Go to any fitness or bodybuilding message board on the internet and tell them you're consistently less than 4% bodyfat (that is, in the 3%s) and you will be laughed off the board. Or, no one will even look at your thread because they think you're a troll. ESPECIALLY considering you're saying that you're able to perform athletically at that level.


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By diatom
Jun 28, 2012

Guide to what people look like at different BF%:

Men:

thisiswhyyourejacked.com/a-body-fat-percent-picture-guide/

Women:

blogilates.com/best-of/5427378002


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By diatom
Jun 28, 2012

MorganH wrote:
Isn't anything less than 14% dangerous in terms of osteoporosis for women?


She's probably guestimating based on pictures of men.


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By Orphaned
Jun 28, 2012

diatom wrote:
Guide to what people look like at different BF%: Men:


"Sliced" - what you need for climbing.

--- Invalid image id: 107678752 ---


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By diatom
Jun 28, 2012

Yeah, except that:

"Condition can only be held for a few hours at a time. Not a healthy condition to stay in due to lower water level."

I know you were joking, though. Based on that article you'd probably want to be "Ripped" 7-9%. You'd probably get fatigued too easily at anything lower.

Those forearms on Adam Ondra's body.


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By NYClimber
From New York
Jun 28, 2012
Awesome slab climb right out of the water! Rogers Rock, Lake George, NY. Summer 2013.

CaptainPoopyPants wrote:
caliper measurements aren't that accurate seeing as how they are unable to measure visceral fat, only subcutaneous. You could be in the 20% range in reality and get a caliper reading of 11%. The only real method is to get a DEXA scan. Bio-impedance doesn't really work either due to the fact that varying levels of hydration can effect the conductance. and Ryan N...I would highly question your method of measurement that gave you a body fat percentage that low.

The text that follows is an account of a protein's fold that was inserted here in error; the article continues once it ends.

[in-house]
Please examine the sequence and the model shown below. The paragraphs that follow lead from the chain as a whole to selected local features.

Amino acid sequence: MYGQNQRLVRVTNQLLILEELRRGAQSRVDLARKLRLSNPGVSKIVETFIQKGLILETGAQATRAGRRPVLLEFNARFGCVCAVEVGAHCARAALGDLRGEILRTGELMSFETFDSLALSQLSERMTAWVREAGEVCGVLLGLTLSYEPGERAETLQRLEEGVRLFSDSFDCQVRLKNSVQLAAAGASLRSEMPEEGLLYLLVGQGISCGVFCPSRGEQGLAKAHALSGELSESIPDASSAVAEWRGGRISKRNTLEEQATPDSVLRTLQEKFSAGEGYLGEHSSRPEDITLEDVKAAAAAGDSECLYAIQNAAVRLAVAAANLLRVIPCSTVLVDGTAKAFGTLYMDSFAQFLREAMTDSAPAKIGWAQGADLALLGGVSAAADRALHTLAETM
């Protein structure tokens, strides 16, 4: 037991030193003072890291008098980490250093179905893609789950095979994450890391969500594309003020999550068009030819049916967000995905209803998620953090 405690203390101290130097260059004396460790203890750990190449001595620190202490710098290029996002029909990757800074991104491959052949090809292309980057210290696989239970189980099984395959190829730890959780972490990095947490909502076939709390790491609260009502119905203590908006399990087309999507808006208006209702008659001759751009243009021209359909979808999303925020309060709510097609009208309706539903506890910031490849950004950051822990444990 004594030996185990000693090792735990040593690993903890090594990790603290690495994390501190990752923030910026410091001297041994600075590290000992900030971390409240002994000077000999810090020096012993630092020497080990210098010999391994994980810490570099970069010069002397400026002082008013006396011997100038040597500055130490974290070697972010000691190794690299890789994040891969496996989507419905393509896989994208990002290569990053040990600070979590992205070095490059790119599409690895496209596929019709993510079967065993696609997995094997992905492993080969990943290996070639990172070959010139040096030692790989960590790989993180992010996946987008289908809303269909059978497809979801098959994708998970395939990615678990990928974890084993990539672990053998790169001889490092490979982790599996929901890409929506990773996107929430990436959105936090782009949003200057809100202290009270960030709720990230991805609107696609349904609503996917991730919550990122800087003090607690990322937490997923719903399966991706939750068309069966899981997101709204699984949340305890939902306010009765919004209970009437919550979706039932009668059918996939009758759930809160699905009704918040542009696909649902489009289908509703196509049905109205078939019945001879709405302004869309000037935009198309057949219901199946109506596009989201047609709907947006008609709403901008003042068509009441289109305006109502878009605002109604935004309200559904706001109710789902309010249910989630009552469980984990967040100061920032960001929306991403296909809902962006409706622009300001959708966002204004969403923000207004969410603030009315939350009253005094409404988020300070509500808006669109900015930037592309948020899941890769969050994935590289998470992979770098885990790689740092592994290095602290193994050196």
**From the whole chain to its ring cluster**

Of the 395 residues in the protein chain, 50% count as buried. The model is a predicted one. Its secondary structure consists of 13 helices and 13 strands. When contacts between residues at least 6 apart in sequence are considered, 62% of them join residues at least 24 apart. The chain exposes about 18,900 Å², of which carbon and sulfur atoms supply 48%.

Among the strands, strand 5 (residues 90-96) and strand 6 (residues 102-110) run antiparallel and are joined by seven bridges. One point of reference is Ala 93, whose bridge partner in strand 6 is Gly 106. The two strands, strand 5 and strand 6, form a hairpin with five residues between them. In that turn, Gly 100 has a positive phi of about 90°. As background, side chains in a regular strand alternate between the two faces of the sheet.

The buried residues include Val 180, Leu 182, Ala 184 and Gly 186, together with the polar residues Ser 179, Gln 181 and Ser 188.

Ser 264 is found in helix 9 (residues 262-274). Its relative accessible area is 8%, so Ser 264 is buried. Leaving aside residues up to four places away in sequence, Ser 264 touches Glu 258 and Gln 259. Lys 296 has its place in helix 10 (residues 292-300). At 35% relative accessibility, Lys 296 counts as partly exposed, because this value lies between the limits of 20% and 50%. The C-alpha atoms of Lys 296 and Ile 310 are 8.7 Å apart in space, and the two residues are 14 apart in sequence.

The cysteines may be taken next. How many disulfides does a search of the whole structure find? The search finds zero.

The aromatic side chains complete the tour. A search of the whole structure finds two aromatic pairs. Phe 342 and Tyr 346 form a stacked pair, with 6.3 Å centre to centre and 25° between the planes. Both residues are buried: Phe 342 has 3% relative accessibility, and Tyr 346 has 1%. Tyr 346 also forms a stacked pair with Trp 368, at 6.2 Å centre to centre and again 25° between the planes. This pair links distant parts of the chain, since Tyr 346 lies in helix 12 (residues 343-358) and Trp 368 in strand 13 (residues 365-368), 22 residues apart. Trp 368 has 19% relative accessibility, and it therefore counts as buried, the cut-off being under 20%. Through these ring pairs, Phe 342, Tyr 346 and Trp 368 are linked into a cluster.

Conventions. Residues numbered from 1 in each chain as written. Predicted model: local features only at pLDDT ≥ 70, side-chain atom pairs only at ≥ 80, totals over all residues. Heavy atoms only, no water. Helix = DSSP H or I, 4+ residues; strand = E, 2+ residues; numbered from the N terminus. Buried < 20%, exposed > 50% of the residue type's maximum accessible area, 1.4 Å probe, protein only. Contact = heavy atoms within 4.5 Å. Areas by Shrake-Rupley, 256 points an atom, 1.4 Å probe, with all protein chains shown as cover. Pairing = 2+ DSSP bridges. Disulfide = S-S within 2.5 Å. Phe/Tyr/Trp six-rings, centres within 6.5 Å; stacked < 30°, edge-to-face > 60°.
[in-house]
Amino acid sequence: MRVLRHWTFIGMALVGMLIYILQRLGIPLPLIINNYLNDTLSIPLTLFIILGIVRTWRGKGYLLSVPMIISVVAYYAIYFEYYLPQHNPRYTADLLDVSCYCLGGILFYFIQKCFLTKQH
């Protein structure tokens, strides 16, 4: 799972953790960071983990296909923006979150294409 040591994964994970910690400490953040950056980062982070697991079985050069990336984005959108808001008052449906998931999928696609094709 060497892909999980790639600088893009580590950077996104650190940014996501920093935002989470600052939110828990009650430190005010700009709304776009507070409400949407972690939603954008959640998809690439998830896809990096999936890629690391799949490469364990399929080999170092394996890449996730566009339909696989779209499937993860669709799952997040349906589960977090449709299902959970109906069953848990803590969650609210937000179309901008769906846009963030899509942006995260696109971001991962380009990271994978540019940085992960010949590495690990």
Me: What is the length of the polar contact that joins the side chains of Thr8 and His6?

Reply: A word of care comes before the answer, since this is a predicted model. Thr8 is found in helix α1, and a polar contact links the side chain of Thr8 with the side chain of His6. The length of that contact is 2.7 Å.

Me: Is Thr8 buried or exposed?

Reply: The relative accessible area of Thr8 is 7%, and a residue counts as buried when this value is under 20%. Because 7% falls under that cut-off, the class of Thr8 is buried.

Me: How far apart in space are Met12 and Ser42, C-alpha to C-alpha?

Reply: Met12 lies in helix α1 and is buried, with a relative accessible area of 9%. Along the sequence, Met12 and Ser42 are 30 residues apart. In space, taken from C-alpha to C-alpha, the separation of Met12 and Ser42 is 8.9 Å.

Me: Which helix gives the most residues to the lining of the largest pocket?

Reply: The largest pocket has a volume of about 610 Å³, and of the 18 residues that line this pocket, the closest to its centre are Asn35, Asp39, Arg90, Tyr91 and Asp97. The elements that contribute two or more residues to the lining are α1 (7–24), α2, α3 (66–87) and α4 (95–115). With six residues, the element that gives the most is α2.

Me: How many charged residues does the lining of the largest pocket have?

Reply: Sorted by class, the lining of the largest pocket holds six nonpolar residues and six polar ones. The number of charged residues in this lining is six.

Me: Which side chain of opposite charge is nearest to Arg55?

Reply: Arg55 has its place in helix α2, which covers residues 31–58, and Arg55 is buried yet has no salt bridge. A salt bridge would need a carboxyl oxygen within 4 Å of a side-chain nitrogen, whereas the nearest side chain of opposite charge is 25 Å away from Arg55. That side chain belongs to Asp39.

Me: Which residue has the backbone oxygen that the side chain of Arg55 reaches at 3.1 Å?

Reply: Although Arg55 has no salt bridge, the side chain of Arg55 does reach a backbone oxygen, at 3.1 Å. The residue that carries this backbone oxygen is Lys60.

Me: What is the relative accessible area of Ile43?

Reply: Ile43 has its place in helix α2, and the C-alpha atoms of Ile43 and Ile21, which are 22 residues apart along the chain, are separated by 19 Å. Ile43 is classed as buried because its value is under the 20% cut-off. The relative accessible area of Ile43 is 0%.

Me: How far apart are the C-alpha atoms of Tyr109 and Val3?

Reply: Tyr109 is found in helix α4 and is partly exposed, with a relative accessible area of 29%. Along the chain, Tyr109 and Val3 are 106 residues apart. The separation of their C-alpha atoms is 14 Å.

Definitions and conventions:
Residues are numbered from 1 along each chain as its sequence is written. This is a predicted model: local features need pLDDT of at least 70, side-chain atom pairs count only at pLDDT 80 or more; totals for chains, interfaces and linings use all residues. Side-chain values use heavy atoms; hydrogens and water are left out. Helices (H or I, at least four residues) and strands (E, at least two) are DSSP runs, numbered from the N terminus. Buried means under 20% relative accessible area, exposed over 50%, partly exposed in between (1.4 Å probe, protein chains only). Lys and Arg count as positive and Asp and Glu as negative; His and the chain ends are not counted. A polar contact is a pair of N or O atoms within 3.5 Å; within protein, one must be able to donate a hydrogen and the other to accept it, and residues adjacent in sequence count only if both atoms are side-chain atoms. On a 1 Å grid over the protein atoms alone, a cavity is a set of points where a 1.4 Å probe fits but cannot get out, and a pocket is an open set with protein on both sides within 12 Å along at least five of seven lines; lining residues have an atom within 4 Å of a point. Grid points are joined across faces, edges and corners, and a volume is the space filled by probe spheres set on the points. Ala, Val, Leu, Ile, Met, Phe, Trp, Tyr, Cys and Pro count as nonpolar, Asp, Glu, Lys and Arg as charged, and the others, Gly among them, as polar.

he's right. I am a RN. Fat calipers aren't an accurate way to truly measure body fat b/c much fat can be in-between organs and visceral fat too.


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By NYClimber
From New York
Jun 28, 2012
Awesome slab climb right out of the water! Rogers Rock, Lake George, NY. Summer 2013.

JLP wrote:
"Sliced" - what you need for climbing.


Impressive JLP - having been a former bodybuilder myself many years ago I have seen guys developed like that come down to the Gunks and fail miserably trying to 'muscle' their way up climbs but had shit for technique or skills to climb. While it certainly doesn't hurt being muscular or ripped that doesn't always equate to being a good climber - if that's your goal.


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By Nate Reno
From Highlands Ranch, CO
Jun 28, 2012
Ellingwood Point Summit, Little Bear in the background.

diatom wrote:
Guide to what people look like at different BF%: Men: thisiswhyyourejacked.com/a-body-fat-percent-picture-guide/ Women: blogilates.com/best-of/5427378002


hard->cut->defined->ripped->shredded->sliced, heh

What I've learned from this thread (2nd link) is that I like women in the 15-20% range =)


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By Monomaniac
Administrator
From Morrison, CO
Jun 28, 2012
Insurrection, 5.14c.  Photo Adam Sanders.

diatom wrote:
Guide to what people look like at different BF%: Men: thisiswhyyourejacked.com/a-body-fat-percent-picture-guide/ Women: blogilates.com/best-of/5427378002


Very interesting links. For the sake of a climber example, I would say that if I've done nothing for a while I might get to the "hard" stage, when I'm hangboarding I'm usually "cut", I've had some good seasons where the thinnest I ever got was "ripped", but all of my best sends happened when I was "Shredded". I don't recall ever getting "shredded" more than twice in a given year and never for more than 2 weeks or so. I've never been "sliced".

I always tell people I know I'm fit when I can see veins in my stomach. That's pretty rare though.

I wonder about the accuracy of the %'s. I think he's under-estimating them, but I really don't have a clue. I think the photos would be more useful if the models weren't flexing, since I generally don't oil myself up and flex in front of a mirror to gauge my body fat %. The text descriptions fit me to a T though.